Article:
Workshops are interactive sessions during which the audience will try out a new technology or learn a new skill or technique. Workshops are interactive sessions where attendees will work on their own laptops, under the guidance of the workshop presenter. Topics for workshops could include teaching a new skill (e.g. how to create an R or Python package), how to use a technology of service (e.g. how to set up and use continuous integration, how to use a cloud service) or demonstrating of a new tool (e.g. how to download and use a code coverage or documentation tool).

Workshops aim to educate the audience about a tool or technique that would be of interest to the community. Workshops should be run either solely on the attendees own computers, or via a logon to a remote server or service. Note that the workshop presenter is responsible for providing any software that needs to be installed on attendee computers, or for providing access to the remote server or service.

Unlike other sessions at SeptembRSE, the number of attendees of a workshop can be capped. Please indicate in your submission the maximum number of attendees who could attend your workshop.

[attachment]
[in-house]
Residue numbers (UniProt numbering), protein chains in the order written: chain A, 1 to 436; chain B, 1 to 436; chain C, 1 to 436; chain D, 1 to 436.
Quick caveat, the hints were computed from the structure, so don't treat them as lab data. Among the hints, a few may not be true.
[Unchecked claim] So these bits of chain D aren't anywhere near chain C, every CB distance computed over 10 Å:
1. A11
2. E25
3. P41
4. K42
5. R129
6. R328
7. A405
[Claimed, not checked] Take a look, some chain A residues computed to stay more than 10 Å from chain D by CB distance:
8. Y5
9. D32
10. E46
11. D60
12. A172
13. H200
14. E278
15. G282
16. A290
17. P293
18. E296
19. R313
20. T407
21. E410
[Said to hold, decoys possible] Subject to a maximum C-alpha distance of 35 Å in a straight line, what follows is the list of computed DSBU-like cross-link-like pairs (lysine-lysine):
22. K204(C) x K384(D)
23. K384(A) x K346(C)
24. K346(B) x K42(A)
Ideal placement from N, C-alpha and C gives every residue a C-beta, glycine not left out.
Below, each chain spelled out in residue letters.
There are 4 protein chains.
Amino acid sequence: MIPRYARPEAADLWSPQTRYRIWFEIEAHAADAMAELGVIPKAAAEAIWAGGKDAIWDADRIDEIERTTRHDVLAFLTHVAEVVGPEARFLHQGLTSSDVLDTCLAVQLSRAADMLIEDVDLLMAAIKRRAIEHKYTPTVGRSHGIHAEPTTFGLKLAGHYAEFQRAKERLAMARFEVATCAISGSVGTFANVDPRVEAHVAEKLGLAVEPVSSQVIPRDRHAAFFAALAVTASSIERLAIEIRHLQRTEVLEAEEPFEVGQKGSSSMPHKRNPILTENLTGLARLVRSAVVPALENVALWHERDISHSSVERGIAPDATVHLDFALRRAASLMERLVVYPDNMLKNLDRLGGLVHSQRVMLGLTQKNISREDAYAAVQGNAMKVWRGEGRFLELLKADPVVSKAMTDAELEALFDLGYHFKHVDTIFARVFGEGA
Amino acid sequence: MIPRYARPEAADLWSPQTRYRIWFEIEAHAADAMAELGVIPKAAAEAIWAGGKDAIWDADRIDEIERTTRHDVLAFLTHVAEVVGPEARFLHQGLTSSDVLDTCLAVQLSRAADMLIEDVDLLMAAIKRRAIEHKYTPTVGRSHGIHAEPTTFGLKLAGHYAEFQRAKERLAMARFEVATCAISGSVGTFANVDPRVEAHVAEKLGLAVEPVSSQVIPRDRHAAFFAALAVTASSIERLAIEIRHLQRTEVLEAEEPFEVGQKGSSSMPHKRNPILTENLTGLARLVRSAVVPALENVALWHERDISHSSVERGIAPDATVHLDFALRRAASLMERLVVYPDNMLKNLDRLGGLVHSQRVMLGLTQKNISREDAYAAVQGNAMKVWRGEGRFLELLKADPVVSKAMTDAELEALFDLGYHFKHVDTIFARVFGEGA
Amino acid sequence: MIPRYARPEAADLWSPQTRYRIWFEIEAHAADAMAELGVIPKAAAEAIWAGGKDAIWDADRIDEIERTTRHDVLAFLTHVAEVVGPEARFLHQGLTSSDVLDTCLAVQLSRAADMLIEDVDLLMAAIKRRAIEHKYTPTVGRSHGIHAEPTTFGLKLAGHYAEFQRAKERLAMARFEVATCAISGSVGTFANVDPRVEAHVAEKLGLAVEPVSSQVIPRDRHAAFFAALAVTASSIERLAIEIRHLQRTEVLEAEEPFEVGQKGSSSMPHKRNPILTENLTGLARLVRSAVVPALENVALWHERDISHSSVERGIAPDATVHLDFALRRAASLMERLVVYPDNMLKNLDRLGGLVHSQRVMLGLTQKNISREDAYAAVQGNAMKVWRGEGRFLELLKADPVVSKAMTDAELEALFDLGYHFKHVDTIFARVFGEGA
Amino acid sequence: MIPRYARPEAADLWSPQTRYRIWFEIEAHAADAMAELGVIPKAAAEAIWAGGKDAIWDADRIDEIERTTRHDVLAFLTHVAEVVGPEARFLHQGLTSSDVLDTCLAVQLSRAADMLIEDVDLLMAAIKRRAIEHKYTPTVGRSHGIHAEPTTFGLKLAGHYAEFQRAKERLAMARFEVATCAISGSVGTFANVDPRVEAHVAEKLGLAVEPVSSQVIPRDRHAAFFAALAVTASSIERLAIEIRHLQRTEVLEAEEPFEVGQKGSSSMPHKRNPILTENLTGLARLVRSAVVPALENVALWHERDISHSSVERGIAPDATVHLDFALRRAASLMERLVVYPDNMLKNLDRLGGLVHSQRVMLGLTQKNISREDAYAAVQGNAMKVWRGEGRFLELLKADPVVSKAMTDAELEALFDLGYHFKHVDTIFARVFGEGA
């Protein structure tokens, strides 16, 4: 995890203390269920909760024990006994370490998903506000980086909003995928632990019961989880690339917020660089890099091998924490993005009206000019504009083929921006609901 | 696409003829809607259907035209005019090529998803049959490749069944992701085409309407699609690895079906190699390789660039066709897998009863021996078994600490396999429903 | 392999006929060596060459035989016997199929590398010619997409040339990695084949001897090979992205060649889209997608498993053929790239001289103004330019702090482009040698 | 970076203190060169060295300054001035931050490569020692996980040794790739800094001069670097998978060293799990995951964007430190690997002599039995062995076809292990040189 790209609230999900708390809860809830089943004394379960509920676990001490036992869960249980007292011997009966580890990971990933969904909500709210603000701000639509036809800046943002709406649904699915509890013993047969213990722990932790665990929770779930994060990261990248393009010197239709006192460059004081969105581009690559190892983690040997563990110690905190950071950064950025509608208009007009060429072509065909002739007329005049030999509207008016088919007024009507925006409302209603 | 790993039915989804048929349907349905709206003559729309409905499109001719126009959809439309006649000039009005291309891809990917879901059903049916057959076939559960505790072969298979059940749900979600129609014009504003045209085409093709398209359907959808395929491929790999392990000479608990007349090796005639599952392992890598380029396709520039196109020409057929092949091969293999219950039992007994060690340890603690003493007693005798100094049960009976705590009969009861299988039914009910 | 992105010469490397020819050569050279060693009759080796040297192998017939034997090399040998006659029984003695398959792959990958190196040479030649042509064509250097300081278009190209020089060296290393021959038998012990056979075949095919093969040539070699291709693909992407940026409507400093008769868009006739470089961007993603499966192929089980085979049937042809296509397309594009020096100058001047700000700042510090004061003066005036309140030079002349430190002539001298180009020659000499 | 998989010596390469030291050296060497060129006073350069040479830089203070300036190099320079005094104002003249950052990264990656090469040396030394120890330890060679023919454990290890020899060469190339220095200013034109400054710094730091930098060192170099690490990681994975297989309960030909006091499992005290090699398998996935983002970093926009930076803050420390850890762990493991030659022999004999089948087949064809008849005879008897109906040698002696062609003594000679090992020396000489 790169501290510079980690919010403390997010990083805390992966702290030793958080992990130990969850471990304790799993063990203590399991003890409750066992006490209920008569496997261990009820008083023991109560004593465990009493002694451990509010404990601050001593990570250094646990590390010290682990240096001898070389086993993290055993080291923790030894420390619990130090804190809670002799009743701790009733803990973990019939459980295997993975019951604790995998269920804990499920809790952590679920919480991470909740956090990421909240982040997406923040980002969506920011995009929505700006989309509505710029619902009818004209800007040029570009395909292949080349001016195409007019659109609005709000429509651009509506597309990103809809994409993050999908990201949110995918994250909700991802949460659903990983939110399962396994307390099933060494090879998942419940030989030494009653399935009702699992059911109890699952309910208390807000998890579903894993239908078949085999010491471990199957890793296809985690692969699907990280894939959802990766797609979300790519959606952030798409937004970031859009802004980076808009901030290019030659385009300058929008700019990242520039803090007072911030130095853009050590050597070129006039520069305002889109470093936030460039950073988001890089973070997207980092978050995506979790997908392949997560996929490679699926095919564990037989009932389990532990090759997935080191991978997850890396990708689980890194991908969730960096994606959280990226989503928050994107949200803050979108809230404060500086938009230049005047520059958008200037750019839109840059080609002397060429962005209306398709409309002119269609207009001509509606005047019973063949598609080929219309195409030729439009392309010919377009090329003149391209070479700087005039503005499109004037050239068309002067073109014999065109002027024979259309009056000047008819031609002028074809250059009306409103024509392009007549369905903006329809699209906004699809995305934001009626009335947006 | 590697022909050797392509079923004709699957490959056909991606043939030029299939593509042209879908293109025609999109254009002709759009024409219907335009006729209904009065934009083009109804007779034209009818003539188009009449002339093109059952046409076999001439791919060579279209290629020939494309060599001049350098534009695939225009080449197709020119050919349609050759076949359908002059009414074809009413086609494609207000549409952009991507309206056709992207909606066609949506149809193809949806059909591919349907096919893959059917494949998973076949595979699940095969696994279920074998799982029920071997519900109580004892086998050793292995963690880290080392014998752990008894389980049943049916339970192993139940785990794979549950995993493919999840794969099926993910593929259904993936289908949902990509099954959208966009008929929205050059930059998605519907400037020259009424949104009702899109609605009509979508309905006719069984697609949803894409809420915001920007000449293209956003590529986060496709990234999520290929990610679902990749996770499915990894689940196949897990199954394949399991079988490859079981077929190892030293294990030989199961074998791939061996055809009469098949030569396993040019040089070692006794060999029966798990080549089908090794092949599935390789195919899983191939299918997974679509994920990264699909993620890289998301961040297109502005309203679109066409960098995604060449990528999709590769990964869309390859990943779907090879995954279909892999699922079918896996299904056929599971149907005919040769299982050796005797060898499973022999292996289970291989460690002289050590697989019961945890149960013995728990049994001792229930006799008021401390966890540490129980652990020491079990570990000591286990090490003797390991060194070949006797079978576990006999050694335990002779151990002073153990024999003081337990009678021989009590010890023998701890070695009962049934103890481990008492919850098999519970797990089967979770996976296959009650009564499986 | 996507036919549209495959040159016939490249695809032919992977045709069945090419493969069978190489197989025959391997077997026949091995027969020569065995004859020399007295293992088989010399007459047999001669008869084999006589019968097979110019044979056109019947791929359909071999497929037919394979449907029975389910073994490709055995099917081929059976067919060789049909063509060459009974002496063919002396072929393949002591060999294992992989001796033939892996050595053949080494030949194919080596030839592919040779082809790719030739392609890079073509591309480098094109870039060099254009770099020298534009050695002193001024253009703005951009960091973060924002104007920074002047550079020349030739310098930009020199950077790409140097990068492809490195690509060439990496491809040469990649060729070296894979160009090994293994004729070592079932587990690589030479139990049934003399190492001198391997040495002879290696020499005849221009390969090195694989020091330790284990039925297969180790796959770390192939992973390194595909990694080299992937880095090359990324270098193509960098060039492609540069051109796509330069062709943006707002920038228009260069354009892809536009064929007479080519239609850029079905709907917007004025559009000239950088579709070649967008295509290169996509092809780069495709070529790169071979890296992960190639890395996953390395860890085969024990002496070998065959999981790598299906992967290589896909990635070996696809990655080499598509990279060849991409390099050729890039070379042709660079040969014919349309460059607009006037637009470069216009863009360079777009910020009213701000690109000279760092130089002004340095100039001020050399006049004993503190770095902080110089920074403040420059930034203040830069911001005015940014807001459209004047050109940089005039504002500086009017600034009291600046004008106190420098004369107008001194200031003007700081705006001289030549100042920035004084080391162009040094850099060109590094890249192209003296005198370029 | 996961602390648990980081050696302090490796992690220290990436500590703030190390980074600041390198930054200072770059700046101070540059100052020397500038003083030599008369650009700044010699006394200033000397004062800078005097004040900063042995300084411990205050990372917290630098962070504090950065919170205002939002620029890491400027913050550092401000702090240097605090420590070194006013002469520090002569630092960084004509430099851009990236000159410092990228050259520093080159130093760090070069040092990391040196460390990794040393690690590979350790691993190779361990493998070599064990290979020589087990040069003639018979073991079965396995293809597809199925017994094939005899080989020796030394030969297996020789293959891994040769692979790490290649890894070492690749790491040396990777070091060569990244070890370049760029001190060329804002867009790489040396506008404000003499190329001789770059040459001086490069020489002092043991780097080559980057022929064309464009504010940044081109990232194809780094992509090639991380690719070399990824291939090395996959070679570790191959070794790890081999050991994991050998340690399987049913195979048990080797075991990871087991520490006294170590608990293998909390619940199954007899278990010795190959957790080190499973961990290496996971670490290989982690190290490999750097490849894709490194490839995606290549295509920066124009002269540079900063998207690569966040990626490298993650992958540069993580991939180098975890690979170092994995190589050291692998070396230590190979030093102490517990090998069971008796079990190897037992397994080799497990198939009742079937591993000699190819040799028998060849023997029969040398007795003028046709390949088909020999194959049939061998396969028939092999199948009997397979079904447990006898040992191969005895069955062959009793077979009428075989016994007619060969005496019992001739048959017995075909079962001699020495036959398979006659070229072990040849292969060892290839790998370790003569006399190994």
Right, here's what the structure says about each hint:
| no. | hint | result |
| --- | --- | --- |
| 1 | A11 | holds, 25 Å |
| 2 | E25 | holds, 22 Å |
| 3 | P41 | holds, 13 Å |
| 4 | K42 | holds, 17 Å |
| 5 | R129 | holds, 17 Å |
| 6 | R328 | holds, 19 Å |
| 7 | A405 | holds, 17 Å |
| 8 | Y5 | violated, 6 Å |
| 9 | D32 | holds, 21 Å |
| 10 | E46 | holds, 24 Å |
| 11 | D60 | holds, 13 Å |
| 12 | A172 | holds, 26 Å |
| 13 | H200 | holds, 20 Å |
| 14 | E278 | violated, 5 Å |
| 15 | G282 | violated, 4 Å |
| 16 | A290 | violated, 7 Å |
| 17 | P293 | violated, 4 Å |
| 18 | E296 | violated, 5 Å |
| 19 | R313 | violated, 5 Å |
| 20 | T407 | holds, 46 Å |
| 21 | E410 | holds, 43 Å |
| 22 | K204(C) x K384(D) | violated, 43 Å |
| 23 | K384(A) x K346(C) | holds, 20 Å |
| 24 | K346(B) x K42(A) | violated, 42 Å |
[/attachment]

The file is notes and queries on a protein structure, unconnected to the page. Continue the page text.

In addition, as your workshop will be run online, we are not constraining you to a particular run time. We expect workshops to run for a minimum of 60 minutes, and not to exceed 1 day. Please indicate in your submission how much time your workshop will take, e.g. “90 minutes”, “half a day” etc.

Resources and accessibility needs

If you require particular resources for your talk then please indicate this in the submission. Similarly please let us know any accessibility needs in the submission too.

Wider dissemination after the conference

We are committed to an open conference, with all materials available publicly before, during and after the event. All slides and related information about your workshop must be uploaded to the conference system by the stated dates. During the conference they will be archived and made available permanently via the conference website. Please do not submit proposals for workshops which cannot be openly published in this manner. Note that we do not expect you to maintain logins to remote servers or services after the conference. We do encourage you however to ensure attendees are able to log in at least three days before your workshop to test things, and allow them to have access for a further 3 days after your workshop to enable them to play with things in their own time.

Planning your submission

When submitting your proposal for a workshop you will need to specify the following details:

Title and abstract

The abstract should be relatively brief and attention-grabbing rather than an exhaustive explanation of the material you wish to cover. Both the title and the abstract will be published on the conference website as soon as your proposal has been accepted.


Would your target audience be required to have any prerequisite skills/background knowledge e.g. knowledge of a particular language or software package?